A majority of Americans support a public option. An overwhelming majority of Democrats in Congress support a public option. Doctors support a public option. Why then is the public option seen by some as the third rail of health insurance reform?
We know the disturbing facts by heart: Millions of Americans are one illness -- or one pink slip -- away from bankruptcy because of high health care costs and lack of access to affordable insurance. 30 million Americans are without health insurance. Nearly 400 Ohioans lose their insurance every day.
Middle class families pay $1,000 annually in hidden taxes to recoup the cost of care for our nation's uninsured.
When you look at the plan on its merits, the opposition makes little sense. It saves money. It will be available everywhere in the country -- providing reliable, affordable, quality health care to those in need. It injects competition into a marketplace that in most parts of the country is dominated by one or two companies.
What will happen if we hand over taxpayer-funded subsidies to the insurance industry and rely on them to cover all Americans? Insurers will demand higher and higher subsidies each year. Why wouldn't they? It's called profit maximization. After all, these are the same companies that pay their CEOs tens of millions of dollars each year while millions of Americans go without any health insurance.
A strong public option means competition for private insurance companies. It means coverage continuity in every part of the country. It means health insurance reform that ensures affordable access to coverage for every American.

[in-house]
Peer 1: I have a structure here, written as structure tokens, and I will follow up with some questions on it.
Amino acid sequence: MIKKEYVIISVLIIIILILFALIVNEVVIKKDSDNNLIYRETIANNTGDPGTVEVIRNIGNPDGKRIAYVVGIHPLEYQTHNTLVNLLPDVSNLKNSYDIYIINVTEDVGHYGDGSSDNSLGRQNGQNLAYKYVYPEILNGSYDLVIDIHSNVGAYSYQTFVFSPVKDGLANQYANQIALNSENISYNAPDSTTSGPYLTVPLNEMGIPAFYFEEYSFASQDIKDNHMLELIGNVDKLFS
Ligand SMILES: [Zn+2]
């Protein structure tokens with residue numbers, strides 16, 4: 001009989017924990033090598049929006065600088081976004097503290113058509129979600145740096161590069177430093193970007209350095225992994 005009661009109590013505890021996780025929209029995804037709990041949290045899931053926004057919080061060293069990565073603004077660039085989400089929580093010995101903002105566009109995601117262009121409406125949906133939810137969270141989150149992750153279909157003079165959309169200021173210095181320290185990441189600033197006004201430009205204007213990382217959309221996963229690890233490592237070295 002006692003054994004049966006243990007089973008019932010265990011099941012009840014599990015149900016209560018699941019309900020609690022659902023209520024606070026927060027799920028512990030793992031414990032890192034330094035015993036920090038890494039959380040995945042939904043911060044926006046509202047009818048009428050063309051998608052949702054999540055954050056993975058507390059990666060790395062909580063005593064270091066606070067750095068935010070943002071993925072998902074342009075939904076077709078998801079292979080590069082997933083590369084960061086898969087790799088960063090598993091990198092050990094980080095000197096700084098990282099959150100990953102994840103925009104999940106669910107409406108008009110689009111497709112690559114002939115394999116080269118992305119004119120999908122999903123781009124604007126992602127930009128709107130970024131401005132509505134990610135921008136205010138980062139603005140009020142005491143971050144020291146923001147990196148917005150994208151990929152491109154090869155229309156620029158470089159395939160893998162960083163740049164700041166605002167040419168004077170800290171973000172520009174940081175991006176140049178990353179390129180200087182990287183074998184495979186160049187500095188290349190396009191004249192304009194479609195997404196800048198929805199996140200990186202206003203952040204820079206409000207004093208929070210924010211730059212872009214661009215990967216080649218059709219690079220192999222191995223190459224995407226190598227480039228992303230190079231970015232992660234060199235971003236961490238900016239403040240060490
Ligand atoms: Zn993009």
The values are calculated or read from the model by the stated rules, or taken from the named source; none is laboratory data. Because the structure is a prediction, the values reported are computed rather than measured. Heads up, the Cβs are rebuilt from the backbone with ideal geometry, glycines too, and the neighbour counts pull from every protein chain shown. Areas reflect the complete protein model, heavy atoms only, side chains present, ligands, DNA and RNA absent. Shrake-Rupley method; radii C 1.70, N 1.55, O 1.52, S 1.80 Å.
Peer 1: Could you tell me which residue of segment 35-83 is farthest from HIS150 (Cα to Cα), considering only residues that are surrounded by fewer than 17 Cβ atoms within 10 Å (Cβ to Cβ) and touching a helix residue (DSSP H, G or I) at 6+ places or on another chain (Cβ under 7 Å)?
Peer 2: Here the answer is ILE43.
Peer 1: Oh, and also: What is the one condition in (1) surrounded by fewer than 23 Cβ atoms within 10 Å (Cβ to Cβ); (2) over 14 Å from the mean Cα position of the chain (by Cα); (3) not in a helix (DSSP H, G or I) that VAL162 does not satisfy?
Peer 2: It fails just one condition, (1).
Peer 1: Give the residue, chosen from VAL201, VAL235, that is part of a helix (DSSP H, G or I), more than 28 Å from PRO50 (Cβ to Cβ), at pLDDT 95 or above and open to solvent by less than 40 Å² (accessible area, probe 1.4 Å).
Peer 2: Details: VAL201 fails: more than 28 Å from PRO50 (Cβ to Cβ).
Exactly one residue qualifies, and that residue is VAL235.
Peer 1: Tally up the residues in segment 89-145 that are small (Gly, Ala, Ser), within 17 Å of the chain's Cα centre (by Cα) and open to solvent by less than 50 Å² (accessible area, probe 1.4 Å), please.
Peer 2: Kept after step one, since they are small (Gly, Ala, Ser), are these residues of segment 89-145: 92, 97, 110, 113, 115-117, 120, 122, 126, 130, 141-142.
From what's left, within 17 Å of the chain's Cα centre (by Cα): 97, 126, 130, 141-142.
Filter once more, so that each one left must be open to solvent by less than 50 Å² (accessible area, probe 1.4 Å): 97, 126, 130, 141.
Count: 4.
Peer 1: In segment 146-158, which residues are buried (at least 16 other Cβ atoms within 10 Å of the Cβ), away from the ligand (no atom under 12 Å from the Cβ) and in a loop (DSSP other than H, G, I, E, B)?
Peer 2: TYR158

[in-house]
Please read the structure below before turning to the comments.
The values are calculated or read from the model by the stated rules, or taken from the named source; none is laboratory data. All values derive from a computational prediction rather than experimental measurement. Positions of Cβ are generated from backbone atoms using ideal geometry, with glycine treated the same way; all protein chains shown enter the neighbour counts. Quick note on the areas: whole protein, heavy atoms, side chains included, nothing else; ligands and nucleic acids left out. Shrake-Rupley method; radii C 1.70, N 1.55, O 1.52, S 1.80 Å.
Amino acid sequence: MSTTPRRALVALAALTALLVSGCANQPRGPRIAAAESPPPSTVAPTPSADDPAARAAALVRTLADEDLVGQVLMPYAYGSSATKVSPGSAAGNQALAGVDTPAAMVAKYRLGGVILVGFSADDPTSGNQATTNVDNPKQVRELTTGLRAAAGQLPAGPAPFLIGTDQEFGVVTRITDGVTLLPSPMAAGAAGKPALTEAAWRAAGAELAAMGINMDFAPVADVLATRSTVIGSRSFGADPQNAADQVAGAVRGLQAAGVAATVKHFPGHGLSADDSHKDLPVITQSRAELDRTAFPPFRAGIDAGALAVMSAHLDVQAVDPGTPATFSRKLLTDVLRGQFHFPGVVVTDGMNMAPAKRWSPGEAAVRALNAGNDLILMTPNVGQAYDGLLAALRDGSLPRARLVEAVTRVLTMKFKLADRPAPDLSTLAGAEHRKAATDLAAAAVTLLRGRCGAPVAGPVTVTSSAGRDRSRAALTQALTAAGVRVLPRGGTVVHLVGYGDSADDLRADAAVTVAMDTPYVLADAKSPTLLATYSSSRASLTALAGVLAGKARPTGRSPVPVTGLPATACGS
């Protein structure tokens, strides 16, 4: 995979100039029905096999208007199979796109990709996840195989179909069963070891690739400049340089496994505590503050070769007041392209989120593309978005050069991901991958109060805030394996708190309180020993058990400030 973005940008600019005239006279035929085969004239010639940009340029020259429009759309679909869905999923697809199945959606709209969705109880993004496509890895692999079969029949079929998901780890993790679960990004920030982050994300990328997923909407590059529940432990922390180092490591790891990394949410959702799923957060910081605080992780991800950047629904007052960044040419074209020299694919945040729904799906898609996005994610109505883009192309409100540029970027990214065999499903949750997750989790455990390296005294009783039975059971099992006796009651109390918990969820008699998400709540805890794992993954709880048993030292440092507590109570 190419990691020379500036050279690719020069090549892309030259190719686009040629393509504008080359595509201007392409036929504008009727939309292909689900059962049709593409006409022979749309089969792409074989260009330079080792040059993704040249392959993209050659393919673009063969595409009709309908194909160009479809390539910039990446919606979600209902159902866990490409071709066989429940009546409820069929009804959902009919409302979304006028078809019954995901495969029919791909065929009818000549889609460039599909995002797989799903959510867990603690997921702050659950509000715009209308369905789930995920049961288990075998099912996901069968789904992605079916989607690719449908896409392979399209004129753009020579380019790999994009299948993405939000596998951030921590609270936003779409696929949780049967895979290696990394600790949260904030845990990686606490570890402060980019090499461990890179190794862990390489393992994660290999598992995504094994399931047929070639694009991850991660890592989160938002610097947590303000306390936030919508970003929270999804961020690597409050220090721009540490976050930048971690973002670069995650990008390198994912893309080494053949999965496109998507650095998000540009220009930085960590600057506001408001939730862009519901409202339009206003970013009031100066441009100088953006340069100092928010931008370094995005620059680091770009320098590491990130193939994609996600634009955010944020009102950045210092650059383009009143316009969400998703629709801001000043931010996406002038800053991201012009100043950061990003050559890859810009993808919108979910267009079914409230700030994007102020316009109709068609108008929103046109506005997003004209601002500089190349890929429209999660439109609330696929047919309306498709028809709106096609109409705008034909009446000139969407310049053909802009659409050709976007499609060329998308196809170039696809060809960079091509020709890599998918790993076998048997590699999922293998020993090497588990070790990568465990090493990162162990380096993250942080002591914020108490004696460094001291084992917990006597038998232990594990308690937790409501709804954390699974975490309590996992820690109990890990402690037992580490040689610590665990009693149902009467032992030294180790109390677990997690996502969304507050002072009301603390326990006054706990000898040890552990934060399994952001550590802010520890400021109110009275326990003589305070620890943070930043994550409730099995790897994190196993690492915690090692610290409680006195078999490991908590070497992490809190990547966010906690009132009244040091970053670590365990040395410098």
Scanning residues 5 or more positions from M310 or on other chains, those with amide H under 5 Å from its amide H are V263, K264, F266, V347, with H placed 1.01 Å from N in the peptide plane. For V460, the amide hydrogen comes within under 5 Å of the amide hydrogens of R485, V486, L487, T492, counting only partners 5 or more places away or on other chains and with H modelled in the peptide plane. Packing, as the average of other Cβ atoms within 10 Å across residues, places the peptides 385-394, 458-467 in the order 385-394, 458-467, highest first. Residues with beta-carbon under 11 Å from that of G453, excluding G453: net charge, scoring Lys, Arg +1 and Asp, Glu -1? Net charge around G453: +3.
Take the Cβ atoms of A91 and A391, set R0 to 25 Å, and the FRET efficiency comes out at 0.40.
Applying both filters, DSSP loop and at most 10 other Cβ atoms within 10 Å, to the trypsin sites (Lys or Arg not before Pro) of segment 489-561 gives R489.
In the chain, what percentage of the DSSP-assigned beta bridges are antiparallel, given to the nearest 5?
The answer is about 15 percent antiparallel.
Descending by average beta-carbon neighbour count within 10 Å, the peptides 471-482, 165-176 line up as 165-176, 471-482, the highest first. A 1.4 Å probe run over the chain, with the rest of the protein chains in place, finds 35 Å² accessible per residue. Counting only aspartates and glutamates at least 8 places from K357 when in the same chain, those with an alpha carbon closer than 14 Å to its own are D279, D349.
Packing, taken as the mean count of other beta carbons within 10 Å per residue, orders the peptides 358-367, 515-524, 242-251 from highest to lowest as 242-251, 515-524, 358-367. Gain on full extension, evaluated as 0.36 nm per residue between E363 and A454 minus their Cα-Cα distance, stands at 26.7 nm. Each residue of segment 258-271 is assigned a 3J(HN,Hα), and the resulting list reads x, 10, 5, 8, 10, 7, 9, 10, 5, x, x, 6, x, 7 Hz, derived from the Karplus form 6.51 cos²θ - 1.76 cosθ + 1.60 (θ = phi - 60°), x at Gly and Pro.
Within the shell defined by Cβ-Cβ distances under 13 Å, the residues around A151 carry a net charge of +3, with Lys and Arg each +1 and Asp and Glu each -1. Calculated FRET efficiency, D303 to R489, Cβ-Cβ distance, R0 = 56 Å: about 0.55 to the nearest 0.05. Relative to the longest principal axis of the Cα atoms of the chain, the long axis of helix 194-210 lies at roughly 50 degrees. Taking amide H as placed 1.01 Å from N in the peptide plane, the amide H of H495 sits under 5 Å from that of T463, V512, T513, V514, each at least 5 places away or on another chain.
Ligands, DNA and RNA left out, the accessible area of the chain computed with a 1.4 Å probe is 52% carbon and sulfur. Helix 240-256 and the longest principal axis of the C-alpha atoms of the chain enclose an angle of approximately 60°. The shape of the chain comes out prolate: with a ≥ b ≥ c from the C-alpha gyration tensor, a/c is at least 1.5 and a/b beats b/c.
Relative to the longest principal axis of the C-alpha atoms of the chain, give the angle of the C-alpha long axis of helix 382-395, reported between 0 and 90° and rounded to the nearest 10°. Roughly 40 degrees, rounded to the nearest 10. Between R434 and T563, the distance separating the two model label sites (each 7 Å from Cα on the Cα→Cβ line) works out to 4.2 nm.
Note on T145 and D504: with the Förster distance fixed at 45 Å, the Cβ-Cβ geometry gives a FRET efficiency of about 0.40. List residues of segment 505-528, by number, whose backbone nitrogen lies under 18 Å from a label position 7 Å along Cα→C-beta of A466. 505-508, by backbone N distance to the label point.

I have held nearly 140 roundtables across Ohio in the last two years, and half a dozen health care town halls and events in the last two months. I have heard story after story of individuals and families who can't afford to buy insurance -- and can't afford not to. They watch their savings drain away as their health care costs soar.
The insurance industry has been in business for nearly a hundred years, and it has not managed to cover all Americans. Instead of wishing the insurance market would change, we need to change it. That's what the public option would do.
Progress rarely comes easily. It took a united Democratic party, committed to change, to establish Social Security and Medicare -- progressive milestones that pulled seniors out of poverty and increased Americans' life expectancy. Progressive milestones that were staunchly opposed by Congressional Republicans.
The public option is the moral compass of health reform. In the last 100 years, Democrats have yet to be on the wrong side of progressive reform.
Let's not start now.
How to vote
Vote-by-mail ballot request deadline: Varies by state
For the Nov 3 election: States are making it easier for citizens to vote absentee by mail this year due to the coronavirus. Each state has its own rules for mail-in absentee voting. Visit your state election office website to find out if you can vote by mail.Get more information
In-person early voting dates: Varies by state
Sometimes circumstances make it hard or impossible for you to vote on Election Day. But your state may let you vote during a designated early voting period. You don't need an excuse to vote early. Visit your state election office website to find out whether they offer early voting.My Election Office
General Election: Nov 3, 2020
Polling hours on Election Day: Varies by state/localityMy Polling Place